As the Waccamaw rested alongside the pier in Norfolk at the conclusion of her shipyard overhaul, new crewmen started to report on board. Among these fresh faces came the new cargo mate, Thomas Cassidy. He filled a position that was unique to the ships that carried out the underway replenishment of the naval fleet. Tom held a chief mate’s license, but came aboard to serve in a specialized capacity. Sailing as neither third mate nor second mate nor chief mate, his duties as cargo mate revolved entirely around the cargo oil that filled the Waccamaw’s hull and which would be transferred to naval vessels at sea.
Soon after Tom reported on board, I thought that there was something different about him. He had sailed in our fleet only for a short while, but it was obvious that he had long experience with tankers and that he knew them very well. Still, there seemed to be more. When he mentioned that he had previously sailed with Sun Oil, it all made sense.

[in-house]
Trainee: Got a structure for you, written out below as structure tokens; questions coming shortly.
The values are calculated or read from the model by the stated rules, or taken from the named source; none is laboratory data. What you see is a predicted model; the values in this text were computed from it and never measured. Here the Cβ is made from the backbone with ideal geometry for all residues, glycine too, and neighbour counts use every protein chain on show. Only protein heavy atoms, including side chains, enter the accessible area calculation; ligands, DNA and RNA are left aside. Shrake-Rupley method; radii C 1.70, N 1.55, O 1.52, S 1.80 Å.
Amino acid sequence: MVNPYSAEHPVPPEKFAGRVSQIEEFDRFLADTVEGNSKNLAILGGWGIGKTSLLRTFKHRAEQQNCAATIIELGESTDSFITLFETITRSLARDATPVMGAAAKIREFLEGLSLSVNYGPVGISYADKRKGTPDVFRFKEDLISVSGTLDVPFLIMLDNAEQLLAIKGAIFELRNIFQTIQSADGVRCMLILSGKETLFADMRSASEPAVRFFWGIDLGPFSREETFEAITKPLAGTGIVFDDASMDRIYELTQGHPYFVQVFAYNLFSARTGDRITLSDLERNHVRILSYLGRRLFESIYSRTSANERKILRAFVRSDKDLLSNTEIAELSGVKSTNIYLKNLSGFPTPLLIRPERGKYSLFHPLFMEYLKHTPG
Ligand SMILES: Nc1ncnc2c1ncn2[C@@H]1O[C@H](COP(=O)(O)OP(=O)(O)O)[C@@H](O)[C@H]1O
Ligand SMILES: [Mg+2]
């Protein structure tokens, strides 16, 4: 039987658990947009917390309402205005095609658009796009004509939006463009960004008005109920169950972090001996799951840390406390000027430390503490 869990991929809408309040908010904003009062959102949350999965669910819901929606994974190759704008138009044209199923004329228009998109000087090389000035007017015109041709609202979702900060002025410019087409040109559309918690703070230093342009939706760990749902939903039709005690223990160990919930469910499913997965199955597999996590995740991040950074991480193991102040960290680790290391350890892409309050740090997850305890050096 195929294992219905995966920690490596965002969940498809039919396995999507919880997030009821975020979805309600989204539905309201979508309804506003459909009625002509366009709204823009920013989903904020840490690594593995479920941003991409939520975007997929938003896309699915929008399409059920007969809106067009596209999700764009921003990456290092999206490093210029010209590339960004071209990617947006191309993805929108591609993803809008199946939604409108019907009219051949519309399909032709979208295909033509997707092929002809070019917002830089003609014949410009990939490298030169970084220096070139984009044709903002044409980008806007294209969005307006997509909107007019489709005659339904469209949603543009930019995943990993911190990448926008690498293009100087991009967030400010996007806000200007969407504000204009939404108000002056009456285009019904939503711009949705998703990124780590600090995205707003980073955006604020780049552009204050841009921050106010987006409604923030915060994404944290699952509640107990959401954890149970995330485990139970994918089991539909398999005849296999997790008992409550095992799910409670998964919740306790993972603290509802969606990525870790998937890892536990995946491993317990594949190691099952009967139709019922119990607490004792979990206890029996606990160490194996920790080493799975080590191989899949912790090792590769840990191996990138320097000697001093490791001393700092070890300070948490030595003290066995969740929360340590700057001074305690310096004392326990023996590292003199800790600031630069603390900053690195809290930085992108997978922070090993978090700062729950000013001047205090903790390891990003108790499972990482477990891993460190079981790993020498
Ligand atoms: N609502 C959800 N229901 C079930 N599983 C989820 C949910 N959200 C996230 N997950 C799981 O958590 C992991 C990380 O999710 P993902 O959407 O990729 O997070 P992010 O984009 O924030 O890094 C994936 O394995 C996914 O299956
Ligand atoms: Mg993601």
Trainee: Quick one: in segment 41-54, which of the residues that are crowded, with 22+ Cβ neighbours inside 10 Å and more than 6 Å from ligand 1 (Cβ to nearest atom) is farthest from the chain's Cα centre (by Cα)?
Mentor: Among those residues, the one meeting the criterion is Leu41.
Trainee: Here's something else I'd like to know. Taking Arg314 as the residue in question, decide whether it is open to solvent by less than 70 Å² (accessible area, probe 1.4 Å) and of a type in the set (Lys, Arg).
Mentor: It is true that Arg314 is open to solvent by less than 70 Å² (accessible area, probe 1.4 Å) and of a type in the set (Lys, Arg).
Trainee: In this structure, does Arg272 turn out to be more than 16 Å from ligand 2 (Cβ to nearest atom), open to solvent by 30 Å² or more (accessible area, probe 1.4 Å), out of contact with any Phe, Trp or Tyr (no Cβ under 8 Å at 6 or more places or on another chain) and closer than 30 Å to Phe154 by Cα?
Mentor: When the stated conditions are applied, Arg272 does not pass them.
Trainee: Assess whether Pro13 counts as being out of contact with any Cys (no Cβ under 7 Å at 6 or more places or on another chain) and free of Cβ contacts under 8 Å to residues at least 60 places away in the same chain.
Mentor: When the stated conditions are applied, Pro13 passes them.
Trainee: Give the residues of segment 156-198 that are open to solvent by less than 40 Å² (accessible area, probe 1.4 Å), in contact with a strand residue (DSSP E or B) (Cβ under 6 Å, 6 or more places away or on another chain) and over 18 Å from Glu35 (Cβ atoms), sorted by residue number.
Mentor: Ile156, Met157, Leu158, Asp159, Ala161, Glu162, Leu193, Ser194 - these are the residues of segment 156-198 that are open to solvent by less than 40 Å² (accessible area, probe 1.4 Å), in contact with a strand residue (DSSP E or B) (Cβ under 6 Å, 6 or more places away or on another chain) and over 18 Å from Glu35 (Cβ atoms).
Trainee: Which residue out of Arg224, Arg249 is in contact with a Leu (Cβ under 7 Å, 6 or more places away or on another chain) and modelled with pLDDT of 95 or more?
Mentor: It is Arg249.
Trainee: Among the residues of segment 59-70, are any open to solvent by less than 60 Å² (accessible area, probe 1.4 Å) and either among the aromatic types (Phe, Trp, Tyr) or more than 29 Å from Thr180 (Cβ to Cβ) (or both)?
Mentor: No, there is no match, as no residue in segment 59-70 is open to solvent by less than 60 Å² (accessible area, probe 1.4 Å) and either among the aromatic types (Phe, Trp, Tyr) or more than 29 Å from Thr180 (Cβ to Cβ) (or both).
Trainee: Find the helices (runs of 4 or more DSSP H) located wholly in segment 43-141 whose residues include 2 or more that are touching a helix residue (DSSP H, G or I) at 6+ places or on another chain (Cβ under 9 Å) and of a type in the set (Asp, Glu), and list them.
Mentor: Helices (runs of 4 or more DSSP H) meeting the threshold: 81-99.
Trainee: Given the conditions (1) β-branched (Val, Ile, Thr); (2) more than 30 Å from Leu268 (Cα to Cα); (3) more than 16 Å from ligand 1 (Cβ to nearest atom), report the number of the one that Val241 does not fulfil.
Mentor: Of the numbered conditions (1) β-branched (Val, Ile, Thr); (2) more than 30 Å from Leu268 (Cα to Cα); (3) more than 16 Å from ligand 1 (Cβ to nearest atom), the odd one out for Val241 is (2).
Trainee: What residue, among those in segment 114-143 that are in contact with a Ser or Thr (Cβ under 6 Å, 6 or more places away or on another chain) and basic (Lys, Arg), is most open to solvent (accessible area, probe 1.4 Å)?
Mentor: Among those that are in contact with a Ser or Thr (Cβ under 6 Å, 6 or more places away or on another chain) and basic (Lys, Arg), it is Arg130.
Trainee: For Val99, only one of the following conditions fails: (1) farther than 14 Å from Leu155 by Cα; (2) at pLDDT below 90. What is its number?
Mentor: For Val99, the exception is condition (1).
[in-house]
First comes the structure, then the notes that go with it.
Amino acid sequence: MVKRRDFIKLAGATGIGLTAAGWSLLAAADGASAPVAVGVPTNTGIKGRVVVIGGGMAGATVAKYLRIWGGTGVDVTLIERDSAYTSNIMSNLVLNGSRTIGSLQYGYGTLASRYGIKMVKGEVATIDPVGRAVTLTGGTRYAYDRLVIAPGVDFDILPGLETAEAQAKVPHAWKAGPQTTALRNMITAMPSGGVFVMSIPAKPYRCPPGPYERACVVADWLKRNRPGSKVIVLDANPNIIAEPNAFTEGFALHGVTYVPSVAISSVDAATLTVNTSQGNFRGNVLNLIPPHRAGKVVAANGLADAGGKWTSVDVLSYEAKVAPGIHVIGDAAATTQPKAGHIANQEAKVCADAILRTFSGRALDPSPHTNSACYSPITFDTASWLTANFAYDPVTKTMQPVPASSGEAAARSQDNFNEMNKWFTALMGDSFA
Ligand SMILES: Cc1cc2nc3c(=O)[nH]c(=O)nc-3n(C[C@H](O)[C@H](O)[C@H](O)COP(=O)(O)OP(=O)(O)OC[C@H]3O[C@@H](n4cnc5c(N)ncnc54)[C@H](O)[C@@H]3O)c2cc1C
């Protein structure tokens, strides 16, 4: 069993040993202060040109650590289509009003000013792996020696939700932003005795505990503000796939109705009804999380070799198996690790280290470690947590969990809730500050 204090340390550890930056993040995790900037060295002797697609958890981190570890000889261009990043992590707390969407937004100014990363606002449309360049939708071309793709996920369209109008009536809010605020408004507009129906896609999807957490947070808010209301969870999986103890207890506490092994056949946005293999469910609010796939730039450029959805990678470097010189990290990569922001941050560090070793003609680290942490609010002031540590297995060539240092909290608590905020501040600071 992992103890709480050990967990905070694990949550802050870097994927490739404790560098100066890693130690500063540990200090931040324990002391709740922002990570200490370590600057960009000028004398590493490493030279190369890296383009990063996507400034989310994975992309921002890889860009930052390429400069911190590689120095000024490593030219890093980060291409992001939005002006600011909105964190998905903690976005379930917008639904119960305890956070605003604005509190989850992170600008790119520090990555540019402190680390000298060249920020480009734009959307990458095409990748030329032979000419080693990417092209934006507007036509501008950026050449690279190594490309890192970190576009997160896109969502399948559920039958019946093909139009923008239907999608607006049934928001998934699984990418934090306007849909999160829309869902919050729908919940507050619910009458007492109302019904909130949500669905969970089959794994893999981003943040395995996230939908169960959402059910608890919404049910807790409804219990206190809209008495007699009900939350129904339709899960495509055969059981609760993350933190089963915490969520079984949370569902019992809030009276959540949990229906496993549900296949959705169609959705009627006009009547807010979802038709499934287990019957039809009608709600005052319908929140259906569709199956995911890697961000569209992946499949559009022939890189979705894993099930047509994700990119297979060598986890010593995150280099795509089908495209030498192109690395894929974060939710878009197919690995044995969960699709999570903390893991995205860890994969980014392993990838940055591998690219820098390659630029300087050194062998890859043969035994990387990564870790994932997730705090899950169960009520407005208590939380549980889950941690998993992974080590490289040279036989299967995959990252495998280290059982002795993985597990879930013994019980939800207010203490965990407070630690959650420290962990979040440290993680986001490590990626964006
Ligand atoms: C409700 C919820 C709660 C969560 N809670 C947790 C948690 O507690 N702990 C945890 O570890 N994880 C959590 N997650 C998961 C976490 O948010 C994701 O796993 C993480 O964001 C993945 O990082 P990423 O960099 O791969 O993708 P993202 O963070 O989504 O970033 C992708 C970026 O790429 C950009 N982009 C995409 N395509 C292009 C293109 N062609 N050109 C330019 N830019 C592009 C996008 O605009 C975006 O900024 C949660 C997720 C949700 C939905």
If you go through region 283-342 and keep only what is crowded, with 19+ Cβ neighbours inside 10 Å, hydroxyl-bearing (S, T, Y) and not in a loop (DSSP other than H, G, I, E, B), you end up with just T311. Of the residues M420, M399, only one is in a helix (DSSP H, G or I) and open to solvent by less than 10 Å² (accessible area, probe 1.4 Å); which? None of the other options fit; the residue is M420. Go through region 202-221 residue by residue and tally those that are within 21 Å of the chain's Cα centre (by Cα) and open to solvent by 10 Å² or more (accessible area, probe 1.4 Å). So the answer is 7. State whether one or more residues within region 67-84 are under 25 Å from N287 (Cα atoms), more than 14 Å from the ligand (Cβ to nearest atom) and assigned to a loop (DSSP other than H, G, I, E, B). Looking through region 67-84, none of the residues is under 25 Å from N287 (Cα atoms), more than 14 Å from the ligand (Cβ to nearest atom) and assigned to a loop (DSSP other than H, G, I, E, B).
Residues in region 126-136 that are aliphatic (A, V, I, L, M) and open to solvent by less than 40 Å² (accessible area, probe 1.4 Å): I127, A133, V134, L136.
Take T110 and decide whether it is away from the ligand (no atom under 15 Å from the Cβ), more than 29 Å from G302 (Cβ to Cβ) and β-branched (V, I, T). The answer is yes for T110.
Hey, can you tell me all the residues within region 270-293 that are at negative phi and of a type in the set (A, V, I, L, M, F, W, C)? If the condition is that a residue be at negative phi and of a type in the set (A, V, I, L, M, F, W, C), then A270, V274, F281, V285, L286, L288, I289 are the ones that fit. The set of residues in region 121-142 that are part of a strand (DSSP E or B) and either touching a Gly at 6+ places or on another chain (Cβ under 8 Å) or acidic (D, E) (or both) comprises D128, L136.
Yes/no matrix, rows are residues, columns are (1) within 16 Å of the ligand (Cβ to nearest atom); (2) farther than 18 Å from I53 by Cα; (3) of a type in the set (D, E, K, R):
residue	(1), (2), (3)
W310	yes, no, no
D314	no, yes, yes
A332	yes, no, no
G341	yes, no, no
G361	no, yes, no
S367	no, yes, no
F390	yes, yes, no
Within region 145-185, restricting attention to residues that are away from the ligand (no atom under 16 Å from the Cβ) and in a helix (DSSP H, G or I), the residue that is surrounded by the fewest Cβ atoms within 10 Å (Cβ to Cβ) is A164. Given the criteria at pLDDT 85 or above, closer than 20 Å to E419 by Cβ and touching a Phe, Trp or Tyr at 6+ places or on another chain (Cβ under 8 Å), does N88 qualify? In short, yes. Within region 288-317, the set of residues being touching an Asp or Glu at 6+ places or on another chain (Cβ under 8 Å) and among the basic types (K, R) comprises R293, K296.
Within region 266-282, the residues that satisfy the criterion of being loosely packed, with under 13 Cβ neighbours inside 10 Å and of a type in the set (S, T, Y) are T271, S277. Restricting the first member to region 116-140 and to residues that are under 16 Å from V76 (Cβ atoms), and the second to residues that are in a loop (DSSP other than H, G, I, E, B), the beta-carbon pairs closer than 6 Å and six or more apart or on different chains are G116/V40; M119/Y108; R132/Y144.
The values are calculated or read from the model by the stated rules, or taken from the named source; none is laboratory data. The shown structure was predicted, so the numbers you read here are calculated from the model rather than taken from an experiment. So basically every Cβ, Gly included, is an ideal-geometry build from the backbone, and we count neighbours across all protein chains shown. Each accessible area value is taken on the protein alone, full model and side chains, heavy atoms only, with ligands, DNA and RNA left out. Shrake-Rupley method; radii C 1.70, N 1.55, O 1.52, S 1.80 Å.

Tom Cassidy was an alumnus of Sun Oil. He had sailed on all the tankers in the Sun fleet and had worked his way up through the ranks from ordinary seaman to chief mate. He knew many of the men with whom I had sailed during my stint aboard the New Jersey Sun, including Captain Taylor and Captain McKnett and Slim Cushman. He had accrued a great deal of seniority at Sun by virtue of his having worked there for so long, but unfortunately, it was not long enough. When the layoffs came, he was let go. It was then that he went to Bayonne looking for work. When the office folks there saw the extensive tanker experience on his resume, they hired him right away.